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Angels Flight offers short trip through long history for a penny

By Hayley Fox
Published: Friday, December 30, 2011, at 02:54PM
Angels Flight Eric Richardson

Angels Flight celebrates 110 years with penny rides on Saturday.

Experience the perks of living Downtown in 1901, with a one cent ride on Angels Flight on the last day of 2011. Celebrating its 110th anniversary of transporting shoppers, residents, tourists and workers, the short train ride aims to transport you through a long history of L.A.

On Saturday only, you can take a penny ride or pay a dollar for a limited edition, commemorative ticket that does double-duty as a souvenir and lottery ticket (they're only selling 1000 of them).

If you bring that golden ticket across the street to the Grand Central Market, you'll receive a Grand Central logo shopping bag and a chance to win the Angels Flight anniversary drawing. The winner receives the Angels enthusiast's dream: a behind-the-scenes tour with a director of the Angels Flight railway and more souvenirs.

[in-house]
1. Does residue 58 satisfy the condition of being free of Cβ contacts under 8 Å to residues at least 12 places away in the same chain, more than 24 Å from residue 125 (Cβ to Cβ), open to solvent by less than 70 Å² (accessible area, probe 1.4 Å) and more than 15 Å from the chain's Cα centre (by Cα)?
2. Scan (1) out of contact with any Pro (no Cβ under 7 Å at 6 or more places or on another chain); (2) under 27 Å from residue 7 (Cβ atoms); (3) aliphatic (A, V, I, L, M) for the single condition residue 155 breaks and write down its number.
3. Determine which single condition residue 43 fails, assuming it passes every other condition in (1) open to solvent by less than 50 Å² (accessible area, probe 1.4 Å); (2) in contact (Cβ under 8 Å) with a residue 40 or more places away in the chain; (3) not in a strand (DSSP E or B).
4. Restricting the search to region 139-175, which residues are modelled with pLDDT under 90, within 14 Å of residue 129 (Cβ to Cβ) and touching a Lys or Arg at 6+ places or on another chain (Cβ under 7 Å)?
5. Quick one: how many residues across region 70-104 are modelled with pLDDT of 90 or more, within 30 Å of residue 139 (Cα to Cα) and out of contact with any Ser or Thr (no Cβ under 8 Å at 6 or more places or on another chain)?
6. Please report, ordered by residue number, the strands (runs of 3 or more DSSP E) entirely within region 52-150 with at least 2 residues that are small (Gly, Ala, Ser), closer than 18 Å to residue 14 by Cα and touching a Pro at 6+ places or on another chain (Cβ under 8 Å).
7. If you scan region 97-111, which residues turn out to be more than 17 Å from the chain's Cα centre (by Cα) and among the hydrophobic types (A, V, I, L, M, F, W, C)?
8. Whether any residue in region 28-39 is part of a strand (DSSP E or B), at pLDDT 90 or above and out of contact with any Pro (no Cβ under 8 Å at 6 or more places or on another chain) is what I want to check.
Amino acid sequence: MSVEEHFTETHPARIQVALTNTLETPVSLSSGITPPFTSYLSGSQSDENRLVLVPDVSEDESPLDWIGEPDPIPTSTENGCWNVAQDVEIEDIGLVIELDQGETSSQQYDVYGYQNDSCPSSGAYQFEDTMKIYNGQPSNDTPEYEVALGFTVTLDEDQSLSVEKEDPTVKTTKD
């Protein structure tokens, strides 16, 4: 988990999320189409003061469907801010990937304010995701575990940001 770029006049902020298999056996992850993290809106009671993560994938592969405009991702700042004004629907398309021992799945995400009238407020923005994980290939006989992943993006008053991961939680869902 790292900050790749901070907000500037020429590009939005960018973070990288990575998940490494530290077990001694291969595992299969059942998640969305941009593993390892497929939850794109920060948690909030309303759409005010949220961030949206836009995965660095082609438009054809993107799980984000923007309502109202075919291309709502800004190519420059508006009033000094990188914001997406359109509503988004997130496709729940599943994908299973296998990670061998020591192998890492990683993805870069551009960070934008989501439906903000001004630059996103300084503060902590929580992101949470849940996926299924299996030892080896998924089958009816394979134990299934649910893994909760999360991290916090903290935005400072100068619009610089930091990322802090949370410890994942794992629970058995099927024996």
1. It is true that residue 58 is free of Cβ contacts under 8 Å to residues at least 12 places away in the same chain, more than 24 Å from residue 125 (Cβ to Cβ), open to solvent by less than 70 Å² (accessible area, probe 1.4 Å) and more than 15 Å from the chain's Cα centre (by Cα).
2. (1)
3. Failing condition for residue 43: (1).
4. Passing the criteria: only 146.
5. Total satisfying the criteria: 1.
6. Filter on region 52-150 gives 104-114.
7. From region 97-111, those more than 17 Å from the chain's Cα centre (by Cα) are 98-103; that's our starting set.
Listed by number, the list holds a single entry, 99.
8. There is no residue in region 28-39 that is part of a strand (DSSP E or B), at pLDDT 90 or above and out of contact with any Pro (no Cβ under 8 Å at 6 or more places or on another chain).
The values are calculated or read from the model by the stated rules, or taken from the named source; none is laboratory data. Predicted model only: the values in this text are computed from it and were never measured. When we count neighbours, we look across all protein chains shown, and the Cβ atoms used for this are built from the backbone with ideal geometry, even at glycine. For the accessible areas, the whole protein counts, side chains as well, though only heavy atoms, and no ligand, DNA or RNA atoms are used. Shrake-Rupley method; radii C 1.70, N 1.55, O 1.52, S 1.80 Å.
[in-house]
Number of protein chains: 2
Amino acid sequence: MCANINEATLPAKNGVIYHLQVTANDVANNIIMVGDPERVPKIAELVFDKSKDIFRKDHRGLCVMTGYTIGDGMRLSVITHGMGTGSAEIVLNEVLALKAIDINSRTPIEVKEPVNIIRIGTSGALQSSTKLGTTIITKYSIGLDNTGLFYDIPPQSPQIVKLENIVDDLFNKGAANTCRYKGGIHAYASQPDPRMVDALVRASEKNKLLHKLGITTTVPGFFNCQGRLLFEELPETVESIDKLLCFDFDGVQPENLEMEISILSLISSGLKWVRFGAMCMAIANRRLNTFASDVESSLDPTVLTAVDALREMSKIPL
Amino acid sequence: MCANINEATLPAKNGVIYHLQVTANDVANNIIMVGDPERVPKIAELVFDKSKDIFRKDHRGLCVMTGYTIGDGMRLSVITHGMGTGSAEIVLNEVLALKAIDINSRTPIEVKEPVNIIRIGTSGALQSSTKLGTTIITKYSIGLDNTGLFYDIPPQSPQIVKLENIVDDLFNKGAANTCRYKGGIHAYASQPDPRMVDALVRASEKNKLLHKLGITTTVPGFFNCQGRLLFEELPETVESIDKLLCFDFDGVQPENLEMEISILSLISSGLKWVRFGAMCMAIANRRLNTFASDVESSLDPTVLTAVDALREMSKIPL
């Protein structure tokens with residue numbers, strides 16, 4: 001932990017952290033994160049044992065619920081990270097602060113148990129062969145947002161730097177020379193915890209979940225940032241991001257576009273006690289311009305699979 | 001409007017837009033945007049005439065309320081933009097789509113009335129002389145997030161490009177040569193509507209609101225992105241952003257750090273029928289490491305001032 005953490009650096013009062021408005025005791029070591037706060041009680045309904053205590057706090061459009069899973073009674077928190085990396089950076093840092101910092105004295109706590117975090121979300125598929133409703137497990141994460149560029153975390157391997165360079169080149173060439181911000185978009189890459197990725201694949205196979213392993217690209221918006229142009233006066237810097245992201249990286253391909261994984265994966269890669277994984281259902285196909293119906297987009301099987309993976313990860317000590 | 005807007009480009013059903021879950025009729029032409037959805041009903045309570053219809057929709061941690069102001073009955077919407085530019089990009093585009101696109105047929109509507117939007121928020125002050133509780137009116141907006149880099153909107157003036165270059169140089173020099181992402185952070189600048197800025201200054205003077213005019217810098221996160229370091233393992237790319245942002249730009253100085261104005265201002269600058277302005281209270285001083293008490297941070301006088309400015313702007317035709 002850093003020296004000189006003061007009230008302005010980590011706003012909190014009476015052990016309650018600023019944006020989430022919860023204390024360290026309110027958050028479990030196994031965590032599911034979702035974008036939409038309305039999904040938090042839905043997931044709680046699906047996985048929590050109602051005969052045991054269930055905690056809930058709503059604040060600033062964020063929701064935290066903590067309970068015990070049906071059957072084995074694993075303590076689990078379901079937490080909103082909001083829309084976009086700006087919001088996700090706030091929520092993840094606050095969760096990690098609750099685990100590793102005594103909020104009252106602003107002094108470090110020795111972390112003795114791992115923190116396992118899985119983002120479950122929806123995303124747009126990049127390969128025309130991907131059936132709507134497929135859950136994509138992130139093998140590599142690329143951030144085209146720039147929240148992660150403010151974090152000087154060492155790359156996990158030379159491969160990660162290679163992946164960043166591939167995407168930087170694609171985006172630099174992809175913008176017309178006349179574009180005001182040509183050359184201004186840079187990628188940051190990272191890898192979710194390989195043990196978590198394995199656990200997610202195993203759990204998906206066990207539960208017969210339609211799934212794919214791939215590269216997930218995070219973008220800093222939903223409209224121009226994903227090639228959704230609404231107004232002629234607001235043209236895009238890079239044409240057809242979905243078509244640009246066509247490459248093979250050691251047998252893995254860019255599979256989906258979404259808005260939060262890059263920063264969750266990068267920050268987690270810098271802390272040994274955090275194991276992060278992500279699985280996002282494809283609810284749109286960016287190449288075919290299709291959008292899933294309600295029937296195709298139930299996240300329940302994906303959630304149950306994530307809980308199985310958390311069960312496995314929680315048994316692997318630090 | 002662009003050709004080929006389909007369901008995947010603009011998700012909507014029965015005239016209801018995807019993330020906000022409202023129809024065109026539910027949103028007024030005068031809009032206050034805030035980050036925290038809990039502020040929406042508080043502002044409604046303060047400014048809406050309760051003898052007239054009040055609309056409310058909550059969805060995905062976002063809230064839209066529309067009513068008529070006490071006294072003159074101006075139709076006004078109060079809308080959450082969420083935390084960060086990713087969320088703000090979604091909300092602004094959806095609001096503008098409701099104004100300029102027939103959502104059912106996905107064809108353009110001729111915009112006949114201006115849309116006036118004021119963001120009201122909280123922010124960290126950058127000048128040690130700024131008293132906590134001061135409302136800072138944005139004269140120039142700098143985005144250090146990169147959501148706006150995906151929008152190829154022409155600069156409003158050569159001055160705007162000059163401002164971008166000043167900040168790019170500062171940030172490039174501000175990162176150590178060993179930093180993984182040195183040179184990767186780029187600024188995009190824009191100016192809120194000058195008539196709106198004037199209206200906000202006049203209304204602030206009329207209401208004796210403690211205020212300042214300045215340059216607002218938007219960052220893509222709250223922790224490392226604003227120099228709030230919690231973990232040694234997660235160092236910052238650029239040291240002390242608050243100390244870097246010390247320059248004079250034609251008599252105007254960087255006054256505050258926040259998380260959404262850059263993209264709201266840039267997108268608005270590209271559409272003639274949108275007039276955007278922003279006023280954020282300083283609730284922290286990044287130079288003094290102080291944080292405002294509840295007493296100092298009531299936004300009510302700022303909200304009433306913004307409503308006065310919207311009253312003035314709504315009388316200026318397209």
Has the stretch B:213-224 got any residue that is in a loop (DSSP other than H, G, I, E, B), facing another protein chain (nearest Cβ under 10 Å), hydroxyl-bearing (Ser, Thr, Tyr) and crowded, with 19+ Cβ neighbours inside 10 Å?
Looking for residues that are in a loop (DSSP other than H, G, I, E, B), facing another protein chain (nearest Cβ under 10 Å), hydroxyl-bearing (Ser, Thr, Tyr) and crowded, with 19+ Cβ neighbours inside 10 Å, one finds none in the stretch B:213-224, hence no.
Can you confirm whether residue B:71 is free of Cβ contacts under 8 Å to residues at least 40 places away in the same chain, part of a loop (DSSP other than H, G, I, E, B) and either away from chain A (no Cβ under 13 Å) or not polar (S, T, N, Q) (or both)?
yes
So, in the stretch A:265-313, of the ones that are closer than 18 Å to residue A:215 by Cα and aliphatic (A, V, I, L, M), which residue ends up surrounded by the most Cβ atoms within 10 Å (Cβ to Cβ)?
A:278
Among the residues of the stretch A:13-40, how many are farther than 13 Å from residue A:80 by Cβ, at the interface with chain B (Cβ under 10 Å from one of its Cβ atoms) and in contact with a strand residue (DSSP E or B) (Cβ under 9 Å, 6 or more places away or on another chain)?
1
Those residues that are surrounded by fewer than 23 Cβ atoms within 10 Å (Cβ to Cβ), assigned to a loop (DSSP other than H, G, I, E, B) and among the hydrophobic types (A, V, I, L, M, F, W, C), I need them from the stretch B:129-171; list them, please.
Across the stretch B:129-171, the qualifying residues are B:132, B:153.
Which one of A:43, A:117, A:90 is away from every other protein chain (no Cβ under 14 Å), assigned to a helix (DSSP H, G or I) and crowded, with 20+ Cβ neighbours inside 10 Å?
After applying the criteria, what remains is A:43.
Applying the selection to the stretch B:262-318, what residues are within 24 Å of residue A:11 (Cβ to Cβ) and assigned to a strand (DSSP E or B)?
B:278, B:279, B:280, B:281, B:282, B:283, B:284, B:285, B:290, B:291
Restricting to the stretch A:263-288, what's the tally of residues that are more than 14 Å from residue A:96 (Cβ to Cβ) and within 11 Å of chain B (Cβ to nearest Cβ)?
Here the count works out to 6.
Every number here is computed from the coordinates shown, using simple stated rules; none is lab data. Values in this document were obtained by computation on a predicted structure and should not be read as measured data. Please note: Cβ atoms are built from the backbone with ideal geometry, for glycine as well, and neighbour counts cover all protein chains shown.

This is the second year of the Flight's one penny, promotion rides, which began last year to celebrate the 109th anniversary.

Although Angels Flight has long been a fixture of Downtown, it's had a roller coaster history of delayed openings and abrupt closures. In 2001, an accident on the funicular killed an 83-year-old Holocaust survivor and injured seven others, resulting in lawsuits, an investigation of the railway and years or repairs and restoration.

When the ride was finally reopened to the public in March 2010, it lasted a little over a year before wear-and-tear on the wheels led to another temporary closure.

Angels Flight is more than a nostalgic mode of transportation, its bright orange mini-trains trimmed in brown and white have been reoccurring L.A. icons in movies, books and folklore of the city. It's perfect fodder for crime novels, leading Michael Connelly to name an entire novel after it and write many pivotal scenes around it. Film noir has embraced the Flight as well, making appearances in the 1951 film "M" and Robert Aldrich's 1955 "Kiss Me Deadly." Even "The Muppets" movie that came out earlier this year includes a trip to Angels Flight.

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